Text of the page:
Gallstones are concretions that form in the biliary system, usually the gallbladder. Although rarely recognized in animals, they affect a large number of people. In the US alone, it is estimated that about 20 million people have gallstones at any given time, resulting in expeditures of about $5 billion for diagnosis and treatment. A majority of cases are asymptomatic, but signs in clinicially affected patients range from mild abdominal pain or minor "indigestion" to excrutiating pain, often manifest at night. There are two major types of gallstones, which seem to form due to distinctly different pathogenetic mechanisms.
About 90% of gallstones are of this type. These stones can be almost pure cholesterol or mixtures of cholesterol and substances such as mucin. Stones recovered at surgery range from about 5 mm to greater than 25 mm in diameter.
The key event leading to formation and progression of cholesterol stones is precipitation of cholesterol in bile. Unesterified cholesterol is virtually insoluble in aqueous solutions and is kept in solution in bile largely by virtue of the detergent-like effect of bile salts. This is however a rather precarious situation and several factors can tip the balance in favor of precipitation, including:
There are clearly important genetic determinants for cholesterol stone formation. For example, the prevelance of the disease in descendents of Chilean Indians and in American Indians is extraordinarily high and not accounted for by environment.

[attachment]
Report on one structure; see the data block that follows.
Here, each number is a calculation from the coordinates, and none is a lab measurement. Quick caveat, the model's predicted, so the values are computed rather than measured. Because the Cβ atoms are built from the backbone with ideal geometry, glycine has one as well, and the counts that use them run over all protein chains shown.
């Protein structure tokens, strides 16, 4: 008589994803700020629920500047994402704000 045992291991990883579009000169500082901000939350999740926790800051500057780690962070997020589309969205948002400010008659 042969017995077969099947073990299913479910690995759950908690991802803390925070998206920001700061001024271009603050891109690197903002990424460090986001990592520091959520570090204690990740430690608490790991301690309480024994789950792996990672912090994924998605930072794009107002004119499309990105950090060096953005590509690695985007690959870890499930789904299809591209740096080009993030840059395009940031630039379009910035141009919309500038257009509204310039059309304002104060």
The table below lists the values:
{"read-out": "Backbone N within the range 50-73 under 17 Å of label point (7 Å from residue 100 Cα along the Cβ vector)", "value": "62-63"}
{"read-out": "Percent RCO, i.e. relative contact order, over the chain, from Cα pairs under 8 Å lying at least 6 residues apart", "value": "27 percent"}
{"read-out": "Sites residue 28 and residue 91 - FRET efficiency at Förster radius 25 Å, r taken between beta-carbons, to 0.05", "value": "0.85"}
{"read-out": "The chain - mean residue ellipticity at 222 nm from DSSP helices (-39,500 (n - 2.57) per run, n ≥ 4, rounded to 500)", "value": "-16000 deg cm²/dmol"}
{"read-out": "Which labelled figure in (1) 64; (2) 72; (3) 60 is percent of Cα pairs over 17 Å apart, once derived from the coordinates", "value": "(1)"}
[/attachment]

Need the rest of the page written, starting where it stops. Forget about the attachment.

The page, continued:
There is also an important sex bias in development of stones - the prevelance in adult females is two to three times that seen in males and use of contraceptive steroids is a risk factor for development of gallstones.. This sex difference is likely the manifestation of differences in sex steroids: progesterone and also probably estrogen impair gall bladder emptying and are associated with hypersecretion of cholesterol into bile. Additionally, estrogen treatment reduces synthesis of bile acids. These pro-precipitation factors peak during late pregnancy when the levels of these steroid hormones are hightest, then dissipate rapidly after birth.
The gold standard for treatment is open cholecystectomy, but laparoscopic cholecystecomy is rapidly becoming the treatment of choice. Medical treatment with bile salts is not extremely useful in the long term and is expensive.
Roughly 10% of human gallstones are pigment stones composed of large quantities of bile pigments, along with lesser amounts of cholesterol and calcium salts. The most important risk factor for development of these stones is chronic hemolysis from almost any cause - this makes sense considering that bilirubin is a major constituent of these stones. Additionally, some forms of pigment stones are associated with bacterial infections. Apparently, some bacteria release glucuronidases that deconjugate bilirubin, leading to precipitation as calcium salts.
References and Reviews
|The Liver: Introduction and Index|
Last updated on May 25, 1996
|Author: R. Bowen|
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